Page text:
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Bitcoin’s downtrend continues as traditional markets mount comeback


Since 20 May, Bitcoin (BTC) has been sliding steadily while the S&P 500 and NASDAQ have registered gains of nearly 10%.

  • Bitcoin's financial showing over the last 6 months has been its worst since 2014–2015.
  • The asset is currently down 56% from it's all-time-high value of AUD$97k (US$69k).
  • Technical data suggests that BTC may face another major capitulation event in the near term.

For over 2 weeks running, Bitcoin has continued to stay range-bound between AUD$40,000 and $43,000. Over the past 12 months, BTC has incurred losses worth approximately -12%, with the asset currently trading at AUD$42,250.

Bitcoin has been in a downtrend for 9 weeks running now, the most in its history. While traditional markets including stocks and commodities were able to register minor gains over the weekend, Bitcoin and the crypto market at large face a lot of volatility. On the subject, researchers for trading firm QCP Capital highlighted:

"Most concerning has been the divergence between equities and crypto. S&P and NASDAQ have traded about 10% higher since the 20 May lows while both BTC and ETH have traded lower in the same period. This is not the direction of decoupling we were hoping for."

Analysts also noted that the last time the S&P 500 rallied to hit new highs while Bitcoin was dipping, the crypto market faced a series of liquidations. The coming few days could see BTC face more sell pressure.

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The future does not look good for Bitcoin

The month of May has seen the BTC/USD pair lose approximately 22% of its value, making this 30-day stretch the second worst in Bitcoin's decade-long history. Analysis of BTC's downtrends over time suggests that the asset's drop from its all-time high currently stands at 200+ days, its fourth-longest such stretch. The last time such a long down turn was witnessed was back in 2014, with the lull lasting for approximately a full year.

BTC's technical and historical data suggest that its ongoing sideways price action could continue into the near term followed by another major capitulation event. At press time, the asset's market capitalisation stands at US$577 bilion while its share of the digital asset sector lies at 44%.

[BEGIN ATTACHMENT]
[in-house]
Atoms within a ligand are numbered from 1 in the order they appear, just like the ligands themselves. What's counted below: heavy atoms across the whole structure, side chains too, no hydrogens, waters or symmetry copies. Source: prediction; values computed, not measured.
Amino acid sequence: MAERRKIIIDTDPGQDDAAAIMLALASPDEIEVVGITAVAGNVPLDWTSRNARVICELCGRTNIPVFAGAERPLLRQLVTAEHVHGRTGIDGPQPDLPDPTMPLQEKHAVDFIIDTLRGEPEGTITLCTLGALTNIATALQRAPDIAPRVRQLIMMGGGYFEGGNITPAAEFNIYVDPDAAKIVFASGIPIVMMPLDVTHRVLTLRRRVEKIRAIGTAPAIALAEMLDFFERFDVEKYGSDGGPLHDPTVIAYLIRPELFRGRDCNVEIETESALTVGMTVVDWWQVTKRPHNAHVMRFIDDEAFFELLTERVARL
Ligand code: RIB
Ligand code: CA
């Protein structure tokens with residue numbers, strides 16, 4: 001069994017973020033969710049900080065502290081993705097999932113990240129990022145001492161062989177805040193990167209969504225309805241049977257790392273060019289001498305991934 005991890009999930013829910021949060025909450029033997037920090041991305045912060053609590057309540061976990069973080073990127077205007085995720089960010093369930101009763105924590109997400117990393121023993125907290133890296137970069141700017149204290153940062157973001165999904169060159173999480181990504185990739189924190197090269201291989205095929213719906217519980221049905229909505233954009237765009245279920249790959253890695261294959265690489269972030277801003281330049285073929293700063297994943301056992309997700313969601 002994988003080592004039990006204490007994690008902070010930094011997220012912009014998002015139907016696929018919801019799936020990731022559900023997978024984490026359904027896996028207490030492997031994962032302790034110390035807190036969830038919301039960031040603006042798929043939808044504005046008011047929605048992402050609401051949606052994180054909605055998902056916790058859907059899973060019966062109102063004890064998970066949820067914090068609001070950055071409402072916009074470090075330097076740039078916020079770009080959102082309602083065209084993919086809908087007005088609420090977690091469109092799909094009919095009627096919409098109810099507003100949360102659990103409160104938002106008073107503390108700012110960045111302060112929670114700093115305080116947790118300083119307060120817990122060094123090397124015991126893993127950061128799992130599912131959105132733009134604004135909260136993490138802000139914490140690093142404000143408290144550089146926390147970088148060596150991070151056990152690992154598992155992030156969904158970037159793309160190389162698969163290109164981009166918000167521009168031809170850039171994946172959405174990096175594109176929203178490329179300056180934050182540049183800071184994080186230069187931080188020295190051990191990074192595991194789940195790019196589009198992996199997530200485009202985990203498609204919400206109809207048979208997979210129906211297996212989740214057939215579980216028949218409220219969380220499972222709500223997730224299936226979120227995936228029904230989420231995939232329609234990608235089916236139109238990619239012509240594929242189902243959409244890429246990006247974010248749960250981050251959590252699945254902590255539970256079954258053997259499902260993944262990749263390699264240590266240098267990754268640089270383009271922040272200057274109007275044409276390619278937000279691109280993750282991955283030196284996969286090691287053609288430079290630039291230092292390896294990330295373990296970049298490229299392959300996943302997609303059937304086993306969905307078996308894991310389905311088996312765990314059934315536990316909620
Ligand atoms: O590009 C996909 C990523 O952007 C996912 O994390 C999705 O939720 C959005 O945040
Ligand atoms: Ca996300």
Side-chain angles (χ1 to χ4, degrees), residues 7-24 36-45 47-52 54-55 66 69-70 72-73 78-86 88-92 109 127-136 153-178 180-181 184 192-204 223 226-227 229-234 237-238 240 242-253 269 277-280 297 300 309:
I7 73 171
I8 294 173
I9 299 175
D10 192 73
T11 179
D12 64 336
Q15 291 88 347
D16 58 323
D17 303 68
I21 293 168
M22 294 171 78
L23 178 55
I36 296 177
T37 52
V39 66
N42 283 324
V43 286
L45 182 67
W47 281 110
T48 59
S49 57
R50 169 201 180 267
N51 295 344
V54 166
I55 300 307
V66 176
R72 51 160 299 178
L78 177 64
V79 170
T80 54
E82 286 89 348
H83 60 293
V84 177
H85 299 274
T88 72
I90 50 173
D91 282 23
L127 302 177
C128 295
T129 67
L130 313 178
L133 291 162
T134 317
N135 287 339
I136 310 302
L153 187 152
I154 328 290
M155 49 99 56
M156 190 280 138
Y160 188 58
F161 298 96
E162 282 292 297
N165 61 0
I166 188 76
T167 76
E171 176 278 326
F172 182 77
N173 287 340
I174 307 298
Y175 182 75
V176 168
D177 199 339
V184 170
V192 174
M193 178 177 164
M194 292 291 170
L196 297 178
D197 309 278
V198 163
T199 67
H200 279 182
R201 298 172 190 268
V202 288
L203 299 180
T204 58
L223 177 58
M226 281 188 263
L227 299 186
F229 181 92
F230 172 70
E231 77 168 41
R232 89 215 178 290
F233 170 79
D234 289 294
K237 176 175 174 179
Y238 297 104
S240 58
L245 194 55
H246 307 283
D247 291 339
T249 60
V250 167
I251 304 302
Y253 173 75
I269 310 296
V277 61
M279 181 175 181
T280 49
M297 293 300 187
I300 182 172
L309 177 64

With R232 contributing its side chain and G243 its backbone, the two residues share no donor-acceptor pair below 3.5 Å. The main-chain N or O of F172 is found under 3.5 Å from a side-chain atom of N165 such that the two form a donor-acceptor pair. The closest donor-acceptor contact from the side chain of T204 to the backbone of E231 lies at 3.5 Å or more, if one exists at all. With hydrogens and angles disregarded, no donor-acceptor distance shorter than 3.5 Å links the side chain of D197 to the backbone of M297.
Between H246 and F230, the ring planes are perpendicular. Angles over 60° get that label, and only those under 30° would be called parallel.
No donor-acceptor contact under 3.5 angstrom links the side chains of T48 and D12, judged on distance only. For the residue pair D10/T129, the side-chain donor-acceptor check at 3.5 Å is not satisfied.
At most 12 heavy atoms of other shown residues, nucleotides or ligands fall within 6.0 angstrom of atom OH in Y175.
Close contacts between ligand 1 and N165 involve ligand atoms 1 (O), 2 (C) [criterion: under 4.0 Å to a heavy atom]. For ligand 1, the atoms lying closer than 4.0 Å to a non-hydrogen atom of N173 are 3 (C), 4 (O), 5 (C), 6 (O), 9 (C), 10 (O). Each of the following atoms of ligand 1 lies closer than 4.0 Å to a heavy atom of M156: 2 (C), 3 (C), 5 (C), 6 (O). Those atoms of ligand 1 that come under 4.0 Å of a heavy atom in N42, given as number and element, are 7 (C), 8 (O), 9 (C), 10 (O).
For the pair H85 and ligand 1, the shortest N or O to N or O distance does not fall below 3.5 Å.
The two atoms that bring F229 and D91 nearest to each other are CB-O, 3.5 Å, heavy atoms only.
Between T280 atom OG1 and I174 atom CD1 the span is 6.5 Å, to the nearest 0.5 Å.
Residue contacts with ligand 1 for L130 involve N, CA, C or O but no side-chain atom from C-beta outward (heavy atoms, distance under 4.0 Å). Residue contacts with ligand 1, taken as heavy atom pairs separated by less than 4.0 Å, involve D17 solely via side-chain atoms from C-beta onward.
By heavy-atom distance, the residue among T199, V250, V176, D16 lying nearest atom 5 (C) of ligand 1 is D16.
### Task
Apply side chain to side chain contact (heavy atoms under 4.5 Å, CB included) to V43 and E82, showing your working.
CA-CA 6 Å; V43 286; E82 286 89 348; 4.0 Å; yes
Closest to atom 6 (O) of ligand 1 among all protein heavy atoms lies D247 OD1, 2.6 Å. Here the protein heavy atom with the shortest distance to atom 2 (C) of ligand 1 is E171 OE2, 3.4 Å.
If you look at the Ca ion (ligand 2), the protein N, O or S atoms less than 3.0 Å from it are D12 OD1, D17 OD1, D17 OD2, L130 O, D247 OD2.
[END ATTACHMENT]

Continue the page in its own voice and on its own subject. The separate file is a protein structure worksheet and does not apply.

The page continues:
Decoupling trend arises again

Bitcoin is showcasing signs of decoupling from traditional markets, albeit unfavorably. While the crypto was down 3% over the weekend, the tech-oriented stock market index Nasdaq Composite rose by approximately 4%. Data released by the US government shows that the national "personal savings rate" has fallen to a new 14-year low of 4.4% recently, further worsening investor sentiment surrounding both the traditional and crypto markets.

Interested in cryptocurrency? Learn more about the basics with our beginner's guide to Bitcoin, dive deeper by learning about Ethereum and see what blockchain can do with our simple guide to DeFi.

Disclosure: The author owns a range of cryptocurrencies at the time of writing.

Disclaimer: This information should not be interpreted as an endorsement of cryptocurrency or any specific provider, service or offering. It is not a recommendation to trade. Cryptocurrencies are speculative, complex and involve significant risks – they are highly volatile and sensitive to secondary activity. Performance is unpredictable and past performance is no guarantee of future performance. Consider your own circumstances, and obtain your own advice, before relying on this information. You should also verify the nature of any product or service (including its legal status and relevant regulatory requirements) and consult the relevant Regulators' websites before making any decision. Finder, or the author, may have holdings in the cryptocurrencies discussed.

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